Gymnasts spend about one third of their time in the air. They have to learn how to trust their bodies while they’re flying, spinning and twisting at the same time. Swimmers trust the water more than they trust firm land. Dressage riders trust their horses as much as their horses trust them to dance in unison. Cyclists develop an almost irrational trust in their equipment as they descend a mountain at sixty miles per hour, to the point in which they perceive their bikes to be an extension of themselves.
The common assumption is that they can do all that because they’ve practiced endlessly. But pay close attention and you’ll notice that even all the practice in the world doesn’t mean that they’ve managed to free themselves from uncertainty and unpredictability. In fact, the number of times they get it wrong is quite remarkable. And these guys are la crème de la crème.
So how does an elite diver, for example, deal with the high probability of an imperfect jump while he or she is standing on top of the ten-meter platform?
As it happens with most things these days, you can google “building trust” and get instant access to millions of resources. You can browse through Amazon and find tens of thousands of books about the subject. But there is probably no amount of literature that could ever fully explain what trust is or how it works.
I find it particularly interesting that our culture is heavily inclined towards managing trust as if it were a form of currency that’s inherently conditional and dependent on an exchange - “I’ll trust you only if …”. In this context, trust is usually outward-driven and carries with it an expectation of return on investment.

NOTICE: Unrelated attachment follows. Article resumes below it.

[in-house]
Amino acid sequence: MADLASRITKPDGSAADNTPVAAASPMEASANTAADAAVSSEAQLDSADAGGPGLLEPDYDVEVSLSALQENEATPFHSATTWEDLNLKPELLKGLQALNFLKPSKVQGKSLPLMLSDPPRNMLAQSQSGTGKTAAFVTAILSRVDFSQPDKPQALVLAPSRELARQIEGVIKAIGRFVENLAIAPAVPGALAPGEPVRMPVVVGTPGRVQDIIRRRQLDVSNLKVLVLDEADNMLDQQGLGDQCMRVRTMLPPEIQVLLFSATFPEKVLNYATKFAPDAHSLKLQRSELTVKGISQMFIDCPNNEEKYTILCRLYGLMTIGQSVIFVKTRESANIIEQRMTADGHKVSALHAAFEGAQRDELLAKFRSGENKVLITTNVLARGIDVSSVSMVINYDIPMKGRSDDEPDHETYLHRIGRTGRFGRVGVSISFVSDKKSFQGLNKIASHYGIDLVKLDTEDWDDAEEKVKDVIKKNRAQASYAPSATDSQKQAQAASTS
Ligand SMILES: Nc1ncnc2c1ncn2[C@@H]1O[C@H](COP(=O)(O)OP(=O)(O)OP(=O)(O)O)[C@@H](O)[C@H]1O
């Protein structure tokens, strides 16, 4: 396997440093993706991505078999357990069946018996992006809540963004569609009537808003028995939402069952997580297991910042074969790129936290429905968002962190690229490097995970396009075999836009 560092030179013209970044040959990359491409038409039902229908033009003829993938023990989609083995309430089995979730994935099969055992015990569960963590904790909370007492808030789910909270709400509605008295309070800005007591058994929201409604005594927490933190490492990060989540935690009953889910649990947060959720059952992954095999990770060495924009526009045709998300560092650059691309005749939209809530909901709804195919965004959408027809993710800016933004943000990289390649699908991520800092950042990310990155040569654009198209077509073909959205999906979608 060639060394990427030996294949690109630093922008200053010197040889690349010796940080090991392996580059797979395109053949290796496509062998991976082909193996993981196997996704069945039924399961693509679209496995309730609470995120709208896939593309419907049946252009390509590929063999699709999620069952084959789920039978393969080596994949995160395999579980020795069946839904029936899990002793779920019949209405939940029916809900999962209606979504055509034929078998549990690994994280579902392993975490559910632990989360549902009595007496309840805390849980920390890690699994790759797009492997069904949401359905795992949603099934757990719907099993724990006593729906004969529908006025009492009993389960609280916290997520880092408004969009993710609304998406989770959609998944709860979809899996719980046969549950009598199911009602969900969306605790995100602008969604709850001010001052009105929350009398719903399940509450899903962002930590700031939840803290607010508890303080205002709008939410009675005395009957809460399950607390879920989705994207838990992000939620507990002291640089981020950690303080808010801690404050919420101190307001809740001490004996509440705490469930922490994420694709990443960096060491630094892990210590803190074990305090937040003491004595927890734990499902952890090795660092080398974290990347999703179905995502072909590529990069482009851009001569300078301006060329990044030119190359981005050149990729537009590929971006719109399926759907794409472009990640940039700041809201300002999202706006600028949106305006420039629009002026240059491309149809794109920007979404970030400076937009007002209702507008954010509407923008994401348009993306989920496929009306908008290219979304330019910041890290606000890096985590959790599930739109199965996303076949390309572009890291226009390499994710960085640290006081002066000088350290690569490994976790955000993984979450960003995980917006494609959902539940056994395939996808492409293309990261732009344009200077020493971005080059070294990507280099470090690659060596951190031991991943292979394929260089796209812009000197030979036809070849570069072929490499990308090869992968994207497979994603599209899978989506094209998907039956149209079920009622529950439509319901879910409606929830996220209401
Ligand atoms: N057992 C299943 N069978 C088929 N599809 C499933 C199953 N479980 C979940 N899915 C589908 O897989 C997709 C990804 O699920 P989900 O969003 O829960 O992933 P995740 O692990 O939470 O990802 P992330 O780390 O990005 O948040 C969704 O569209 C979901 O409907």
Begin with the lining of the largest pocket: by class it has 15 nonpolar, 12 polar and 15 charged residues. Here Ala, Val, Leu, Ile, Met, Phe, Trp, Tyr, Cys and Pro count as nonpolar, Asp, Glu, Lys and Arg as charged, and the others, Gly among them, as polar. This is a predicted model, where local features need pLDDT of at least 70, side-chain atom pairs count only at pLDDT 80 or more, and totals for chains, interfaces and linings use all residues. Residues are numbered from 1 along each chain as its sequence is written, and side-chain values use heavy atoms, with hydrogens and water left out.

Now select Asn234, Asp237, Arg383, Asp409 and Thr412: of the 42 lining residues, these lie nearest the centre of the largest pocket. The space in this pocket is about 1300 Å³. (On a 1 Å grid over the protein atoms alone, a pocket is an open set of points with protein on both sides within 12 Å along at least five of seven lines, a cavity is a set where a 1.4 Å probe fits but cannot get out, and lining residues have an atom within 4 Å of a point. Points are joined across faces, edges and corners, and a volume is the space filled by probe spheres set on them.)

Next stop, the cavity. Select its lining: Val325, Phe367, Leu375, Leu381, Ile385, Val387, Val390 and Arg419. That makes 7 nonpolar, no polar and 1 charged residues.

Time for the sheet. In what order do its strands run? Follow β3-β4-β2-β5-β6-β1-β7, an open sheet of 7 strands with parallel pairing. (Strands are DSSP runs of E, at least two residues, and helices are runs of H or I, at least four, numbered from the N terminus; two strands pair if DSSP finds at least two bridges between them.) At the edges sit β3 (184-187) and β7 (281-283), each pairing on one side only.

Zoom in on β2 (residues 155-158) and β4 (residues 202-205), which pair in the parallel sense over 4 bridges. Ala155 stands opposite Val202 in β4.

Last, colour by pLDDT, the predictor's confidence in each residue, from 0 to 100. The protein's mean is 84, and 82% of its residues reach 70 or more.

By contrast, there is another dimension of trust that tends to get little attention, and that is the idea of trusting one’s inner guidance. This is the kind of trust that I see in some of the athletes as they set out to do the performance of their lives. It is the kind of trust that operates at a very different level because it is proactive rather than reactive. It embraces vulnerability rather than seeking security. It shows up when you throw 'plan B' out the window. More importantly, it is a renewable energy because it doesn’t rely on external factors.
Stephen R. Covey, author of The Seven Habits of Highly Effective People, wrote in his book: “Love is a verb. Love – the feeling – is the fruit of love the verb, or our loving actions.”
Trust is a verb, too. We can choose to practice trust instead of simply becoming a product of our feelings.